Keywords: Community, Capacity building, Flooding, transformational resilience

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8 A Smart Sensor Network Approach Using Affordable River Water Level Sensors

Authors: Fiona Regan, Dian Zhang, Brendan Heery, Maria O’Neill, Ciprian Briciu-Burghina, Noel E. O’Connor

Abstract:

Recent developments in sensors, wireless data communication and the cloud computing have brought the sensor web to a whole new generation. The introduction of the concept of ‘Internet of Thing (IoT)’ has brought the sensor research into a new level, which involves the developing of long lasting, low cost, environment friendly and smart sensors; new wireless data communication technologies; big data analytics algorithms and cloud based solutions that are tailored to large scale smart sensor network. The next generation of smart sensor network consists of several layers: physical layer, where all the smart sensors resident and data pre-processes occur, either on the sensor itself or field gateway; data transmission layer, where data and instructions exchanges happen; the data process layer, where meaningful information is extracted and organized from the pre-process data stream. There are many definitions of smart sensor, however, to summarize all these definitions, a smart sensor must be Intelligent and Adaptable. In future large scale sensor network, collected data are far too large for traditional applications to send, store or process. The sensor unit must be intelligent that pre-processes collected data locally on board (this process may occur on field gateway depends on the sensor network structure). In this case study, three smart sensing methods, corresponding to simple thresholding, statistical model and machine learning based MoPBAS method, are introduced and their strength and weakness are discussed as an introduction to the smart sensing concept. Data fusion, the integration of data and knowledge from multiple sources, are key components of the next generation smart sensor network. For example, in the water level monitoring system, weather forecast can be extracted from external sources and if a heavy rainfall is expected, the server can send instructions to the sensor notes to, for instance, increase the sampling rate or switch on the sleeping mode vice versa. In this paper, we describe the deployment of 11 affordable water level sensors in the Dublin catchment. The objective of this paper is to use the deployed river level sensor network at the Dodder catchment in Dublin, Ireland as a case study to give a vision of the next generation of a smart sensor network for flood monitoring to assist agencies in making decisions about deploying resources in the case of a severe flood event. Some of the deployed sensors are located alongside traditional water level sensors for validation purposes. Using the 11 deployed river level sensors in a network as a case study, a vision of the next generation of smart sensor network is proposed. Each key component of the smart sensor network is discussed, which hopefully inspires the researchers who are working in the sensor research domain.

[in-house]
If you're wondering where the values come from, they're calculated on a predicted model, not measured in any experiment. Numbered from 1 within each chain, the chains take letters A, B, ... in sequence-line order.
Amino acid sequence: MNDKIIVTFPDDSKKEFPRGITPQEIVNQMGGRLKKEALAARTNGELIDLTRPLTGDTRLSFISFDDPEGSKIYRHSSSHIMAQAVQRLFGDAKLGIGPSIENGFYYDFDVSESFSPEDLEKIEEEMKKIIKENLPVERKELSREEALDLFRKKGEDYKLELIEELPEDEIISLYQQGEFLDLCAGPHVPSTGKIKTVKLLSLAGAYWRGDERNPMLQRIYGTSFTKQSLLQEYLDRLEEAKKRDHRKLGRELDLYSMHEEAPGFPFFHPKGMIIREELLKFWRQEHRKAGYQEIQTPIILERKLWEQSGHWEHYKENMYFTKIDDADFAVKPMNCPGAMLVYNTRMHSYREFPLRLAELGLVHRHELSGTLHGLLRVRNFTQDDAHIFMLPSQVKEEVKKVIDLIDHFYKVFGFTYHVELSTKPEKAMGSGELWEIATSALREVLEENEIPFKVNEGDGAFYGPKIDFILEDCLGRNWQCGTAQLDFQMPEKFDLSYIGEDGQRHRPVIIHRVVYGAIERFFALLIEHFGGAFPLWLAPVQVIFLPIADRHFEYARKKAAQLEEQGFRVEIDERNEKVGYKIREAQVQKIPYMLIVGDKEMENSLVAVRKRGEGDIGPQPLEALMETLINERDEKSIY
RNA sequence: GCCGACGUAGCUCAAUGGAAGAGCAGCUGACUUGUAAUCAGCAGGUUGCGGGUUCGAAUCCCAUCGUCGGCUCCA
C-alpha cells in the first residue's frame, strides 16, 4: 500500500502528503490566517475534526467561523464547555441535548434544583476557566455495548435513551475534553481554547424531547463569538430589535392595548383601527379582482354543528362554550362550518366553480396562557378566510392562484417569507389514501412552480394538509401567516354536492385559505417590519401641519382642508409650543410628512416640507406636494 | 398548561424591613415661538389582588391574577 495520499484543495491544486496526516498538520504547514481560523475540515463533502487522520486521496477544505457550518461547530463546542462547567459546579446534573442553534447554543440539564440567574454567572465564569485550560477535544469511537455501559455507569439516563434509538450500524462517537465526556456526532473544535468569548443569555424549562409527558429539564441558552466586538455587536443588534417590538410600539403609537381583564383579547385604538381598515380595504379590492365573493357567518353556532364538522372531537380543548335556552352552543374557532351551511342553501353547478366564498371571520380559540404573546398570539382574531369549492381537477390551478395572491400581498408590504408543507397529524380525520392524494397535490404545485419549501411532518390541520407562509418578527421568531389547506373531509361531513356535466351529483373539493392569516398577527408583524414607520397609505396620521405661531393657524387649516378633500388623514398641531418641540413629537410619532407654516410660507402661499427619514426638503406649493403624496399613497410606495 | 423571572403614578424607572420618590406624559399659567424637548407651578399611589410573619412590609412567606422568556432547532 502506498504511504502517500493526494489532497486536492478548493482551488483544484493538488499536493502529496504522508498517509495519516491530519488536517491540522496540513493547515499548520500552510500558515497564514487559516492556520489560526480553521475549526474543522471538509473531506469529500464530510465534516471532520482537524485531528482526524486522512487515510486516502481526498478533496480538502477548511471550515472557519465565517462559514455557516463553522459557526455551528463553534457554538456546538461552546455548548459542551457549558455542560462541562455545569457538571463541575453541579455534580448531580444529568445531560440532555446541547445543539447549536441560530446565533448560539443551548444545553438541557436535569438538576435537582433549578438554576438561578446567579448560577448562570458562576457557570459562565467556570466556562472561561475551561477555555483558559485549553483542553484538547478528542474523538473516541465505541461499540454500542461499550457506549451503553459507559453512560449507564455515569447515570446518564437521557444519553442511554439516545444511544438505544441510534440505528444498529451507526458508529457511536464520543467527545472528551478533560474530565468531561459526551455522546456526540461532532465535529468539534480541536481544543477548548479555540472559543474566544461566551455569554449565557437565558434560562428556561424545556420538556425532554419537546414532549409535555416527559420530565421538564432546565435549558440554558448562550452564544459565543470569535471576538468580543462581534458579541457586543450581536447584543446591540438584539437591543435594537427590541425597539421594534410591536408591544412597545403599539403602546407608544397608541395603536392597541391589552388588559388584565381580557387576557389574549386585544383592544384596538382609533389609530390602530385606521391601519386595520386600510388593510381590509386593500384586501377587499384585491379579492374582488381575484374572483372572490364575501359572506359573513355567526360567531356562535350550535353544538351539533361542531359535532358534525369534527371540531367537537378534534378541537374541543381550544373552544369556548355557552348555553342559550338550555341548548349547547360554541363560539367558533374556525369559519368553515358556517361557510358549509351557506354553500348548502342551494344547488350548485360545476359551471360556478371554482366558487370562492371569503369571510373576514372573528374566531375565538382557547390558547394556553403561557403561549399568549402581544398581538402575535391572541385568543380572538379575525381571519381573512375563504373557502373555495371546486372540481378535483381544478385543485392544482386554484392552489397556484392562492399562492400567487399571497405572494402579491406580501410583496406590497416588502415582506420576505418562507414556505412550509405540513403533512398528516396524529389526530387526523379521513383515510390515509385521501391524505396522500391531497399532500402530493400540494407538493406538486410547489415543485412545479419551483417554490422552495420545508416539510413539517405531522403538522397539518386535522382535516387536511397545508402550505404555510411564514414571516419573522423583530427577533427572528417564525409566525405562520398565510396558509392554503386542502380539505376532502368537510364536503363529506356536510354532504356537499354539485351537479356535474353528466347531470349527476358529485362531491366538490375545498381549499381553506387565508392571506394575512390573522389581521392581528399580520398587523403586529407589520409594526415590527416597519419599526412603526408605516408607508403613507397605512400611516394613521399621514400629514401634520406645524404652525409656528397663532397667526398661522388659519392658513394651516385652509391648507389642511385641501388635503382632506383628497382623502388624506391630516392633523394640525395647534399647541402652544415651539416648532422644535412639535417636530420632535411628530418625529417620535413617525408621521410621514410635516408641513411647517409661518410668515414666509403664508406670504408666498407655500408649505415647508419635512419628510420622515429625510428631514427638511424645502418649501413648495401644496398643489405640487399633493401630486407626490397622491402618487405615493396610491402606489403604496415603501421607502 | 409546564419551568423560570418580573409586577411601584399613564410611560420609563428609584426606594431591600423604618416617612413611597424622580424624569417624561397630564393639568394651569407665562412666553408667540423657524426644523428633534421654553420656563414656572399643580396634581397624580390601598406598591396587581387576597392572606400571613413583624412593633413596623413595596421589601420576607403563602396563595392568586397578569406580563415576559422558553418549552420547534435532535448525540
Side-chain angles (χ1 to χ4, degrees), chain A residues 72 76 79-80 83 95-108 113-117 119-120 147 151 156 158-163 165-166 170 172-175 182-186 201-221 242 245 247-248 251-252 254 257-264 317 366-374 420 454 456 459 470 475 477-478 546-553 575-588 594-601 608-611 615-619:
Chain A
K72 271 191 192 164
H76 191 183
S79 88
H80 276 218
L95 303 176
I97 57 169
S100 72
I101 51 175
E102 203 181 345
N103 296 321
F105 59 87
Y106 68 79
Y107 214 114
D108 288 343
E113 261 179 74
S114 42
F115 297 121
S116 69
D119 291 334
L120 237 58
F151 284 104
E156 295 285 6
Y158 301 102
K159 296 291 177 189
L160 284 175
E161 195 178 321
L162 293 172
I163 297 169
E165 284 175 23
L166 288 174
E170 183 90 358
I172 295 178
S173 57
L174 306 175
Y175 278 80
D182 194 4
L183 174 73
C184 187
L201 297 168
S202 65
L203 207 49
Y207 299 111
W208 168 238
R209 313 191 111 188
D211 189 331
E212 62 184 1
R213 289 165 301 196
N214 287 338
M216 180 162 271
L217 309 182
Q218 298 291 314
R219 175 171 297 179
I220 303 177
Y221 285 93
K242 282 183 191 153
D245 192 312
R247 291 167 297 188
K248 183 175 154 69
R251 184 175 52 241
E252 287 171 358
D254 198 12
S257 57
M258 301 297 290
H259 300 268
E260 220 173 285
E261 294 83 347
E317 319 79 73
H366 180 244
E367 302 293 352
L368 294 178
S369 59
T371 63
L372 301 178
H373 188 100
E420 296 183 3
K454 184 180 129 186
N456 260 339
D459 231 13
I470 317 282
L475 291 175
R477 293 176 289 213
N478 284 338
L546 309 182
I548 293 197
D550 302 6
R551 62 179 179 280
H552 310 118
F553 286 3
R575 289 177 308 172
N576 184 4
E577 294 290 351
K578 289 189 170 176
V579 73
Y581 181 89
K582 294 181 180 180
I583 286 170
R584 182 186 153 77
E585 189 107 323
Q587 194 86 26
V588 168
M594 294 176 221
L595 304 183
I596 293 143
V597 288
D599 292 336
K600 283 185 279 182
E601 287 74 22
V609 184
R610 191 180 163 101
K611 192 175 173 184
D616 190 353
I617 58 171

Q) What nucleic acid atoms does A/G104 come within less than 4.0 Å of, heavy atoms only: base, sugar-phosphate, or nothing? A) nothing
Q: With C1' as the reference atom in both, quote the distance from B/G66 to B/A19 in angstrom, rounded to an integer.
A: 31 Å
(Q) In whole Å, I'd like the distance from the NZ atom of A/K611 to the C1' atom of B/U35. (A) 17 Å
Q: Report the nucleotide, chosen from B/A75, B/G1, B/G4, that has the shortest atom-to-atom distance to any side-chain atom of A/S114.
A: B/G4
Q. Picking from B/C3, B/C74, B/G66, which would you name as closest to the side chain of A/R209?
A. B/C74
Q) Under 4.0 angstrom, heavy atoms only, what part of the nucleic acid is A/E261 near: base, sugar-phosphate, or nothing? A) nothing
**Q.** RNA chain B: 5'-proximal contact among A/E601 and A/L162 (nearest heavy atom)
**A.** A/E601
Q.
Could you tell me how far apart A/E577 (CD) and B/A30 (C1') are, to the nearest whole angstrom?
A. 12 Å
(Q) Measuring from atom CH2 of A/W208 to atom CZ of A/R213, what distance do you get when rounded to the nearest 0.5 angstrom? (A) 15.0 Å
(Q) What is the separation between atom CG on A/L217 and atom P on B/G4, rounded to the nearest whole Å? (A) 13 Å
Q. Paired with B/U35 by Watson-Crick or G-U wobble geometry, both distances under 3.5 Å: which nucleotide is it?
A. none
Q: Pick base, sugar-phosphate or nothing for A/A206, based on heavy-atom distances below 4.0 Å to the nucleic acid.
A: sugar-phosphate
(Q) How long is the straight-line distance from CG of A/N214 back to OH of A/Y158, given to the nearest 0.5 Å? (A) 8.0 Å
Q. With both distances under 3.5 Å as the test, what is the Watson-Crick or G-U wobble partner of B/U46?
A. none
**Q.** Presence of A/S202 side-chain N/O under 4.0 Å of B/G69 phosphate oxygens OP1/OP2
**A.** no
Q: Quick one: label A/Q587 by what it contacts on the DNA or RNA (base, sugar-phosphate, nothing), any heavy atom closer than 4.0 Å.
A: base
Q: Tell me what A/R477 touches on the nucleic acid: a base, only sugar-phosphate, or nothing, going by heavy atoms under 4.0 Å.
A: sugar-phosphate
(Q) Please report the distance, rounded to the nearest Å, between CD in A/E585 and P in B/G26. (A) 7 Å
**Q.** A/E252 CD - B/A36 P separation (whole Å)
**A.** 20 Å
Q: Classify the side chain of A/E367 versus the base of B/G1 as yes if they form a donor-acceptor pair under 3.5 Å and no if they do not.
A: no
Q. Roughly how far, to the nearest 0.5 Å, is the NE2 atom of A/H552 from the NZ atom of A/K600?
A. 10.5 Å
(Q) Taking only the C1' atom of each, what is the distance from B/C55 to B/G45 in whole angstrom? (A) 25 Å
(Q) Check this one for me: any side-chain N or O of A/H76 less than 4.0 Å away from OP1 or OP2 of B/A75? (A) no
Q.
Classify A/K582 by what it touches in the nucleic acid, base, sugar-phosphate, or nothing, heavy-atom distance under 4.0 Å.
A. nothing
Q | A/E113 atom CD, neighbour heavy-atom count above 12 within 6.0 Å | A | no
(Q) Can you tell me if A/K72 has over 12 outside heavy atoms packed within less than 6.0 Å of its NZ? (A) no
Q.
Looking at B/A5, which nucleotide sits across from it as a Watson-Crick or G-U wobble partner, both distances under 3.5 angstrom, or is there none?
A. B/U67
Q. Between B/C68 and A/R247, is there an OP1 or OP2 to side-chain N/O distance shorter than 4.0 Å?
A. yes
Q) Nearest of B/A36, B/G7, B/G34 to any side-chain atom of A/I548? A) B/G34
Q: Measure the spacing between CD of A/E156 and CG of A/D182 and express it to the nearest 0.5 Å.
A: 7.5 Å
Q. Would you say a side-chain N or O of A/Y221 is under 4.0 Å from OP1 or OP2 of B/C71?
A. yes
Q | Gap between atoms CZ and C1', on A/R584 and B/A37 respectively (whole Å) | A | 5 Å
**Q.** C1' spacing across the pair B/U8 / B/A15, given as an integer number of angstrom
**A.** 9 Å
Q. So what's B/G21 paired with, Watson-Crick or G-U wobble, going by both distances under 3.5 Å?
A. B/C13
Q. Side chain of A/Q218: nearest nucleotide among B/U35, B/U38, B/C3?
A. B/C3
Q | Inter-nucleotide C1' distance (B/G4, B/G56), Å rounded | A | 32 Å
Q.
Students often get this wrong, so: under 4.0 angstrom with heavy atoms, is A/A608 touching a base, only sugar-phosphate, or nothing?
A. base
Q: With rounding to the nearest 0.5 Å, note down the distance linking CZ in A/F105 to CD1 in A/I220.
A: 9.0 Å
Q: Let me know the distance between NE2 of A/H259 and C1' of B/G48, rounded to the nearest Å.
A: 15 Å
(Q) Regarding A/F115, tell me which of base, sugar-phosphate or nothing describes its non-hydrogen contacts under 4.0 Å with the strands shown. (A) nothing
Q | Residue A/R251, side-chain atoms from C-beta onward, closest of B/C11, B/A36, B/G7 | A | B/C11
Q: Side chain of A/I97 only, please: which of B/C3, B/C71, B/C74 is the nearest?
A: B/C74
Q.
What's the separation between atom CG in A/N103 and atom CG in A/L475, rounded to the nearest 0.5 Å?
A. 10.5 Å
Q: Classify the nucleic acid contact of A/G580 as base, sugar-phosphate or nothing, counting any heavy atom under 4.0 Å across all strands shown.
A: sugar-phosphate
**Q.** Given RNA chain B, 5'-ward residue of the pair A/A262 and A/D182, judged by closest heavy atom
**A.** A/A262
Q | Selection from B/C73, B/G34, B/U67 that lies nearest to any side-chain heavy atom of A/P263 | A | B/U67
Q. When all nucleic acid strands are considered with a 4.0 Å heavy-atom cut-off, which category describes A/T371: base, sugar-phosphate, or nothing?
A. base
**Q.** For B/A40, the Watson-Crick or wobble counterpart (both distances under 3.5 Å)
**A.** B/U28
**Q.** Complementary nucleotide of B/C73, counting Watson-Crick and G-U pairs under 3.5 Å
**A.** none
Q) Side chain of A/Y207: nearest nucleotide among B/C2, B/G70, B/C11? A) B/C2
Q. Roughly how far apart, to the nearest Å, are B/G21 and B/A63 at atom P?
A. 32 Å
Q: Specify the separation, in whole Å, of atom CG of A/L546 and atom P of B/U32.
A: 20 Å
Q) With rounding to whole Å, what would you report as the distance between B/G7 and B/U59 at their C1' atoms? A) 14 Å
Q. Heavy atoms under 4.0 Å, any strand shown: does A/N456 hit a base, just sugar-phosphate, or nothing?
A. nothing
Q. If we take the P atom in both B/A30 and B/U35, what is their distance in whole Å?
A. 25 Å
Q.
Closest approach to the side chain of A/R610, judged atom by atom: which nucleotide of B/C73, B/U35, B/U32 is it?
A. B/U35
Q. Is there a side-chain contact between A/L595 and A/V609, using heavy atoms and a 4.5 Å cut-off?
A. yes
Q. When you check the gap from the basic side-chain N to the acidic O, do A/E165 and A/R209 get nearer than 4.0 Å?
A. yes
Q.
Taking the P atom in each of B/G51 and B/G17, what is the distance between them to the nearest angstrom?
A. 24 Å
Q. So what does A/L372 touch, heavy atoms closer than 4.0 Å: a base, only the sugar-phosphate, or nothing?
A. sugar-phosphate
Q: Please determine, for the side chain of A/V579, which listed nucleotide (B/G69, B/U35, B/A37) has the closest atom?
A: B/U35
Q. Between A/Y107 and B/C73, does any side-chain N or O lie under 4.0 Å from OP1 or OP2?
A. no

Keywords: Internet of Things, Smart Sensing, Flooding, water level sensor

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7 Effects of AG1 and AG2 QTLs on Rice Seedling Growth and Physiological Processes during Germination in Flooded Soils

Authors: Satyen Mondal, Frederickson Entila, Shalabh Dixit, Pompe C. Sta. Cruz, Abdelbagi M. Ismail

Abstract: